In the meta-analysis performed by Stajkovic and Luthans (1998) boosts to self-efficacy increased performance by 28%. When compared to other interventions such as goal setting, feedback and behavior change, the boost to self-efficacy was the strongest (Stajkovic & Luthans, 1998). Another meta-analysis also found that the majority of studies revealed positive relationships between self-efficacy and performance (Sitzmann & Ely, 2011).
Recent findings suggest past performance drives self-efficacy
However, these meta-analytic reviews found positive relationships between self-efficacy and performance for between-groups studies. A recent meta-analysis by Sitzmann and Yeo (2013) found no relationship between self-efficacy and performance for within-subject designs. Sitzmann and Yeo (2013) suggest that their findings reflect the idea that it is past performance that boosts self-efficacy rather than self-efficacy boosting performance.
Leadership interventions to increase self-efficacy
The majority of research suggests that leaders can boost self-efficacy through showing confidence in their subordinates’ ability to perform well (Tims et al., 2011). One of the most effective interventions is through ensuring that leaders themselves are effective in motivating and boosting follower self-efficacy.
Organizations can train managers to be transformational and charismatic in their management style. Transformational or charismatic leaders empower their followers through voicing confidence in their ability to do well.
Through articulating a clear vision based on important values, charismatic leaders increase follower self-worth and self-efficacy (Shamir, House & Arthur, 1993). Consequently, interventions aimed at improving leadership behavior can create a positive organizational climate whereby employees have a high sense of self-worth and self-efficacy.
Overall the relationship between self-efficacy and performance is positive although recent research suggests that the effects are due to past achievements rather than to the boost to self-efficacy. It is recommended that managers boost their subordinates’ expectations through showing confidence in their ability.
Critical appraisal of the available evidence: Solidity Level 4
Based on the empirical evidence for the relationship between self-efficacy and individual performance, this dossier is assigned a Level 4 rating, (Based on a 1- 5 measurement scale). A level 4 is the second highest rating for a dossier and the evidence provided on the efficacy of the relationship between self-efficacy and performance.
The research performed demonstrates high validity and reliability due to the replication of the positive effects of self-efficacy on performance. However, the rating of a 4 is due to the lack of relationship between self-efficacy and performance when research is conducted across participants rather than between participants.
- Self-efficacy refers to one’s belief in ability to carry out a series of behaviors in a specific domain
- Bandura proposed that self-efficacy enhances performance through increasing the difficulty of self-set goals
- Self-efficacy should be measured with a unipolar scale ranging from no confidence to complete confidence
- A considerable body of evidence supports the claim that an increased self-efficacy improves job performance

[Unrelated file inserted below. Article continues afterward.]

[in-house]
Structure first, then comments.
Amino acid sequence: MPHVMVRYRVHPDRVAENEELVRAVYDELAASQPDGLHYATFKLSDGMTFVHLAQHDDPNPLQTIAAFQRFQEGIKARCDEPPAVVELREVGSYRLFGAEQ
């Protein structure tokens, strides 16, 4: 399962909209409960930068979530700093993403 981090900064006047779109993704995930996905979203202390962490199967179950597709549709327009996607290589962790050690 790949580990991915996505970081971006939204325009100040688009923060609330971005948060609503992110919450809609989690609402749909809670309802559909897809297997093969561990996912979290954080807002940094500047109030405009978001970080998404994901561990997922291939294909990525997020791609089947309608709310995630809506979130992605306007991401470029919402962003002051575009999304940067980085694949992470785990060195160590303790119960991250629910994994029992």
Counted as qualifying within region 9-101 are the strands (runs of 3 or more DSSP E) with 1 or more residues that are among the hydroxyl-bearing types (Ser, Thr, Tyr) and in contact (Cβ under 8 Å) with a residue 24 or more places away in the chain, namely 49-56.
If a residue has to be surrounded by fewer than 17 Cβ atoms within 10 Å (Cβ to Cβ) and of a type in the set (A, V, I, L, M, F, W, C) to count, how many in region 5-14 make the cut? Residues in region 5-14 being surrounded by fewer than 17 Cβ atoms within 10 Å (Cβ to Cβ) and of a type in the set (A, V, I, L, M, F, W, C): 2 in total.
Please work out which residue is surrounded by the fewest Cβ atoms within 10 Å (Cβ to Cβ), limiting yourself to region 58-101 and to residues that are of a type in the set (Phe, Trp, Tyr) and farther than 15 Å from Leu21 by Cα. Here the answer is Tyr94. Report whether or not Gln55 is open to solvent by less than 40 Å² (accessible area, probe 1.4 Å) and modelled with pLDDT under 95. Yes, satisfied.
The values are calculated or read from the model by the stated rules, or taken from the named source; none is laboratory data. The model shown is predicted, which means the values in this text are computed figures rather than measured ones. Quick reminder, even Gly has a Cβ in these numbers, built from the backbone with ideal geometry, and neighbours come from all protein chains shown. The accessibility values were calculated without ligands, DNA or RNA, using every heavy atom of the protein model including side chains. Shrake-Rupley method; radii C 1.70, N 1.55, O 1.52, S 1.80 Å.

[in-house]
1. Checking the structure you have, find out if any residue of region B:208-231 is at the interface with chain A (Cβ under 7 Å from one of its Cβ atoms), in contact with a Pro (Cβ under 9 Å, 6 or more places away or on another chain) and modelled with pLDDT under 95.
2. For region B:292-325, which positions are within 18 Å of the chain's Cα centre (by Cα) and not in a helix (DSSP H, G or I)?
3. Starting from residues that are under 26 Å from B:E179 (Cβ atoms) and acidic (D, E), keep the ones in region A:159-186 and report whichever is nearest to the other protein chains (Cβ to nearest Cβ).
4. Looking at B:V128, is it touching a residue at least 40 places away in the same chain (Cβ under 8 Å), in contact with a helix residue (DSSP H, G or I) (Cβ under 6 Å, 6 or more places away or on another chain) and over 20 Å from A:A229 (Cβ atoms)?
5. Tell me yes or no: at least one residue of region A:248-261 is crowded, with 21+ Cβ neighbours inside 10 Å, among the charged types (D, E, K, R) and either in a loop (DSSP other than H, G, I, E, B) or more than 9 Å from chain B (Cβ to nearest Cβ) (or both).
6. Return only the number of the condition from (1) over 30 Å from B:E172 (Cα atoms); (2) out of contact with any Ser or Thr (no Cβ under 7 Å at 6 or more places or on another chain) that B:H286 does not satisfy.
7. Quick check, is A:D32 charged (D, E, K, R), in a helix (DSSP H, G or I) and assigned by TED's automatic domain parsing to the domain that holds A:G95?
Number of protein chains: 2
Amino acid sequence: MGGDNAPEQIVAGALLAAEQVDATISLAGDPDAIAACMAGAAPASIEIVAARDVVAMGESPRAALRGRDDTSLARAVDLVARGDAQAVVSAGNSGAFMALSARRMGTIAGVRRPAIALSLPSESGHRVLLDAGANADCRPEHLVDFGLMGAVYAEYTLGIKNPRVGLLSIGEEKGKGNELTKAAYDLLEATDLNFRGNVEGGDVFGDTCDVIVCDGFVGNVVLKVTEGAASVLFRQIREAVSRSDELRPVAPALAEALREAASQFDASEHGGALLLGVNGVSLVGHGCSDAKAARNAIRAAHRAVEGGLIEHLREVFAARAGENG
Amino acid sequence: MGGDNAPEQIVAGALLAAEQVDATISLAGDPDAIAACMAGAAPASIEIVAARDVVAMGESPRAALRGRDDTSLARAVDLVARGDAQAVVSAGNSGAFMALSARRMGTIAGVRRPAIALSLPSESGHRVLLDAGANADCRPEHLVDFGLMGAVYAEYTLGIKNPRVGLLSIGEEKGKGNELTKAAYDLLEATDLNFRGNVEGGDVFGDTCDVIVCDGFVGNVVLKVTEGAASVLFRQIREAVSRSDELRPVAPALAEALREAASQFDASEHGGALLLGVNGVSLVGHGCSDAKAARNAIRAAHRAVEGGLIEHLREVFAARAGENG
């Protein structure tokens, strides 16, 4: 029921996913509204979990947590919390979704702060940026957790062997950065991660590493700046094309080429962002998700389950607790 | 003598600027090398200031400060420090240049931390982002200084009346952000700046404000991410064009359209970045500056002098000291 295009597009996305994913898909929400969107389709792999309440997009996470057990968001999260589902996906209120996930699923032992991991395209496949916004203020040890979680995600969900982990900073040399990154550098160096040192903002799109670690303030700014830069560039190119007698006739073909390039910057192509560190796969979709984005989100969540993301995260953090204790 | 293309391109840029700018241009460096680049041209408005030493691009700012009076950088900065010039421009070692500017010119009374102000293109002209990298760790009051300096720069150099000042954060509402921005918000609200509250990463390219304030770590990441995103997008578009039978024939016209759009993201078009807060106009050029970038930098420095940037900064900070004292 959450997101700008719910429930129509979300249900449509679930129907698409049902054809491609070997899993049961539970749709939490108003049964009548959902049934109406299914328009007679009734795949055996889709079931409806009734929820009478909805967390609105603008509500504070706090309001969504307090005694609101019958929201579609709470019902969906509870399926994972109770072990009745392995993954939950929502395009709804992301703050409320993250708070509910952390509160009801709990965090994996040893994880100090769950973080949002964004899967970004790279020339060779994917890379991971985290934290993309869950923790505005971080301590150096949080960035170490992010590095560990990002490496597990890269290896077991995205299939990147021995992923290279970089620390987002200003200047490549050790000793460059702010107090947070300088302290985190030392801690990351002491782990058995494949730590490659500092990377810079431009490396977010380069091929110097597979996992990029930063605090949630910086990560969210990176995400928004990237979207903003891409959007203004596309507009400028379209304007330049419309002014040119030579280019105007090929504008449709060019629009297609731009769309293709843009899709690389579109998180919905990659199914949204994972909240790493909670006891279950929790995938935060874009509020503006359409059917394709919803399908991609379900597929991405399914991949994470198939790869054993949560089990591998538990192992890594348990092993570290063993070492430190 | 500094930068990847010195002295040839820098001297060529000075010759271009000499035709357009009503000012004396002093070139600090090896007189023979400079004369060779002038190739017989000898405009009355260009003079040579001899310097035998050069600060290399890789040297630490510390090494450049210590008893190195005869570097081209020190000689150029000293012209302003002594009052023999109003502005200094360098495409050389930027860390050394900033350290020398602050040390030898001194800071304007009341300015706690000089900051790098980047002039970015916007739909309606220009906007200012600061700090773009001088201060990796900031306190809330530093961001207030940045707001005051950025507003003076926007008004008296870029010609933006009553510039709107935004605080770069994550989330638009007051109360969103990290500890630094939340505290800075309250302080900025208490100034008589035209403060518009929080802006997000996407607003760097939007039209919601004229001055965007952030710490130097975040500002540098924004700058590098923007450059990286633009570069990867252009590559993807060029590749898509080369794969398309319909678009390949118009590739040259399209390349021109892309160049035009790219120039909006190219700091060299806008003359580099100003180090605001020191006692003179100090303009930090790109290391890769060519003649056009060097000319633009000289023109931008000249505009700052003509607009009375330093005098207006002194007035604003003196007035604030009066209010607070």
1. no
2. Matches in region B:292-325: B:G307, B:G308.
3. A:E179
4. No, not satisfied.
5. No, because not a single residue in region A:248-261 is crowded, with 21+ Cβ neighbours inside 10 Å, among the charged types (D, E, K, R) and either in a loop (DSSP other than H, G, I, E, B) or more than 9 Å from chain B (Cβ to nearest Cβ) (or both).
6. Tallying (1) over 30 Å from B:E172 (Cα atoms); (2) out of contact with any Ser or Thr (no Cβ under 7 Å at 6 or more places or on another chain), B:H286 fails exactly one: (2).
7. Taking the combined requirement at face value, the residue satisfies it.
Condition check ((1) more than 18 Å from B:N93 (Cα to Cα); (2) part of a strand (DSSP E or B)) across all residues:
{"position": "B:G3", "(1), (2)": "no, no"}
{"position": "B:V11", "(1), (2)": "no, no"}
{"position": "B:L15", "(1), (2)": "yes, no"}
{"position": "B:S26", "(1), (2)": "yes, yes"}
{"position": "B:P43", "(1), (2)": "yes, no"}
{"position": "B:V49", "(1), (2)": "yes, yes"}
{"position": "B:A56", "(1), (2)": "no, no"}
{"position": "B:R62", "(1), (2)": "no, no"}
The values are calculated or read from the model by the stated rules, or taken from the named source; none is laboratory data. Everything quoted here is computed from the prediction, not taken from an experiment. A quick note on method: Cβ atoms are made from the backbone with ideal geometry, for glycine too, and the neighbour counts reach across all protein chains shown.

- Leadership interventions to increase self-efficacy include an effective use of role models, confidence building and expectation management
- Recent research findings suggest that past performance increases self-efficacy rather than self-efficacy increases performance
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References and further reading
Baden, D. 2012. No more “preaching to the converted”: Embed- ding eased in the business school curriculum through a service-learning initiative. In R. Atfield & P. Kemp (Eds.), Enhancing education for sustainable development in business and management, hospitality, leisure, sport, tourism. York: Higher Education Academy.
Bandura, A. (1982). Self-efficacy mechanism in human agency. American Psychologist, 33, 344- 358.
Bandura, A. (2012). On the functional properties of perceived self-efficacy revisited. Journal of Management, 28, 9–44.
Bandura, A. (2001). Social cognitive theory: An agentic perspective. Annual review of psychology (Vol. 52, pp. 1-26). Palo Alto, CA: Annual Reviews.
Eden, D. (1988). Pygmalion, goal setting, and expectancy: Compatible ways to raise productivity. Academy of Management Review, 13, 639–652.
Shamir, B., House, R. J., & Arthur, M. B. (1993). The motivational effect of charismatic leadership: A self-concept based theory. Organization Science, 4 (4), 577-594.
Sherer, M., Maddux, J. E., Mercandante, B., Prentice-Dunn, S., Jacobs, B. and Rogers, R. W. (1982) ‘The Self-Efficacy Scale: Construction and Validation’, Psychological Reports, vol. 51, no. 2, pp. 663–671.
Sherer, M., & Adams, C. H. (1983). Construct validation of the Self-Efficacy Scale. Psychological Reports, 53, 899-902.
Sitzmann T, Ely K. (2011). A meta-analysis of self-regulated learning in work-related training and educational attainment: What we know and where we need to go. Psychological Bulletin, 137, 421–442.
Sitzmann, T., & Yeo, G. (2013). A meta‐analytic investigation of the within‐person self‐efficacy domain: Is self‐efficacy a product of past performance or a driver of future performance? Personnel Psychology, 66(3), 531-568.
Stajkovic A & Luthans F. (1998). Self-efficacy and work-related performance: A metaanalysis. Psychological Bulletin, 124, 240–261.
Tims, M., Bakker, A. B., & Xanthopoulou, D. (2011). Do transformational leaders enhance their followers’ daily work engagement? The Leadership Quarterly, 22, 121-131.